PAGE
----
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What Is Grand Jury Testimony?

Contempt of court charges can be filed if a person does not obey a grand jury subpoena.
Witnesses are often asked to testify in front of a grand jury, before charges are ever brought in the case.
Testimony before a grand jury ensures checks and balances in the judicial system.
Grand jury testimony does not require an oath.
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  • Written By: Mike Howells
  • Edited By: Michelle Arevalo
  • Last Modified Date: 20 September 2014
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In the American justice system, prosecutors who charge an individual with a serious crime must convince what is known as a grand jury that they have enough probable cause to warrant an indictment and criminal trial. This is generally accomplished through the presentation of evidence and grand jury testimony. Grand jury testimony is not given under oath, and witnesses who provide it are not subject to perjury, unless they lie under oath later at criminal trial.

Grand jury hearings are intended to be part of a system of checks and balances that ensure fair treatment of the accused. Jury membership is taken from the same pool of people who serve on a petit jury, which is used later if a criminal trial is deemed necessary. Grand juries are not subjected to the process of jury screening and testimony not is offered in front of a judge, though one is usually available to ensure proper procedures are maintained. A judge in a grand jury hearing is not involved in the decision of whether or not to indict.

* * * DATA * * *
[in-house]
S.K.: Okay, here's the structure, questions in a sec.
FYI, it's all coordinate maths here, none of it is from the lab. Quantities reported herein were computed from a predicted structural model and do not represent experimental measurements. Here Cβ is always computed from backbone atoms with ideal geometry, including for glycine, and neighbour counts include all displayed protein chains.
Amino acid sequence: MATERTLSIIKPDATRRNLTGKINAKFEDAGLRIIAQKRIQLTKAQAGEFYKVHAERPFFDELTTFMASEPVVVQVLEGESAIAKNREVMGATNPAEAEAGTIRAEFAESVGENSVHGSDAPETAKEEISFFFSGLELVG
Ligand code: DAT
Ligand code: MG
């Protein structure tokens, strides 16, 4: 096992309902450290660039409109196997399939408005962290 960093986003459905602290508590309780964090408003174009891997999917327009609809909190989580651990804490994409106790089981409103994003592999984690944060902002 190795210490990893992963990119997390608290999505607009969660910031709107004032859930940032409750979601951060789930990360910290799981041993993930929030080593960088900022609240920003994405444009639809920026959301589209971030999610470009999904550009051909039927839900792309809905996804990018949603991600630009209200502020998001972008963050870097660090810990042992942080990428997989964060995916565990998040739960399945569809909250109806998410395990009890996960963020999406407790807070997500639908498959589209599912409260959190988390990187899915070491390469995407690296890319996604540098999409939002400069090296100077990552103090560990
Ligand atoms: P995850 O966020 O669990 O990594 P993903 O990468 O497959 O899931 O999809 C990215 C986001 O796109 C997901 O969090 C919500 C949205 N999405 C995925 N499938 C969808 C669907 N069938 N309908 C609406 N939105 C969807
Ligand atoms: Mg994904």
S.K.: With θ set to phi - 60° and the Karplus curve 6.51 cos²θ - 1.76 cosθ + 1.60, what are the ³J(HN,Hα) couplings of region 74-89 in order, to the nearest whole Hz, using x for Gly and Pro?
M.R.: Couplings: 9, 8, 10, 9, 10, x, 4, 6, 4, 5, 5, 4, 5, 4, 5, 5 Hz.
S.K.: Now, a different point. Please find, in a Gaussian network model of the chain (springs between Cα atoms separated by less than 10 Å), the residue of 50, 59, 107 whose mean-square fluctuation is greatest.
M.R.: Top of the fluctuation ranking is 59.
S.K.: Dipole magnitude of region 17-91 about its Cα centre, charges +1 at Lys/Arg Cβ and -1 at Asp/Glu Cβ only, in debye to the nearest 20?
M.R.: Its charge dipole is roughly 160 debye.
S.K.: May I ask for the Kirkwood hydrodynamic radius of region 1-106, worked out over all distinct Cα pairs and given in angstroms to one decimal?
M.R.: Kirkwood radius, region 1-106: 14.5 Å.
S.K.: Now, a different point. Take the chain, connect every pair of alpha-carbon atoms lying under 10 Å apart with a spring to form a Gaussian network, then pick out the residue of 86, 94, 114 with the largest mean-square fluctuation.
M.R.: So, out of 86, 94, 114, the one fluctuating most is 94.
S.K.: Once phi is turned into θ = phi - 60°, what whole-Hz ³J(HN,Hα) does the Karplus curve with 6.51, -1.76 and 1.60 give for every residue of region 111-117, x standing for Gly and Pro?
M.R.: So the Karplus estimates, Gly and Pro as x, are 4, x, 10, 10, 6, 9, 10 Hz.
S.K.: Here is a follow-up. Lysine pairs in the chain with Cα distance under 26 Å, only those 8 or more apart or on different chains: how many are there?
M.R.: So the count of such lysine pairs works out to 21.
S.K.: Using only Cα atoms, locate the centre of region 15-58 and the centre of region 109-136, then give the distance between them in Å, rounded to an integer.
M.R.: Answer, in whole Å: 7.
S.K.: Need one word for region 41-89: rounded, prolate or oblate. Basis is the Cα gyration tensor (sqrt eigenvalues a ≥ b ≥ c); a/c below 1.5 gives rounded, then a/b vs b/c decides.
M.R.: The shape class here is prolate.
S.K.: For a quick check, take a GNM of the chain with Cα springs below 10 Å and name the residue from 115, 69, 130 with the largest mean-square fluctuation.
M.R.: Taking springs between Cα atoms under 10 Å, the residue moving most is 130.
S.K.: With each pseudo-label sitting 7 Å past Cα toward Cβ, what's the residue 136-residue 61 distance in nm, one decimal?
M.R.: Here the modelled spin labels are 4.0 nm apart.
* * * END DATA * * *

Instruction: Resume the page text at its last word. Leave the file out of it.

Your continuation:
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Historically, grand juries were a feature of common law systems in many countries, however the United States is virtually the only country where they are still employed. Countries such as Australia and those in the United Kingdom have gone on to adopt a committal procedure system, in which preliminary hearings take the place of grand juries. Preliminary hearings differ in that a judge, and not a jury, decides whether a criminal trial is warranted. In the U.S., in addition to federal crimes, roughly half of the 50 states require grand jury testimony for criminal violations of state law.

A defendant is generally not present at a grand jury hearing, and there are no counter-arguments offered by the defense. Grand jury testimony is solely provided to further the prosecution. In addition, the defense has no recourse to address prosecution witnesses who lie or present illegal evidence until trial. In this way, the grand jury process has been the subject of criticism, as the jury is only privy to one side of the story.

Witnesses called on to offer testimony can be subject to subpoena, meaning they can be held in contempt of court if they do not appear and testify. Often, a witness who has compelling evidence is offered legal immunity in exchange for his cooperation. Immunity is a valuable tool for prosecutors as it allows them to persuade witnesses, who may be also be subject to criminal charges, to testify against others.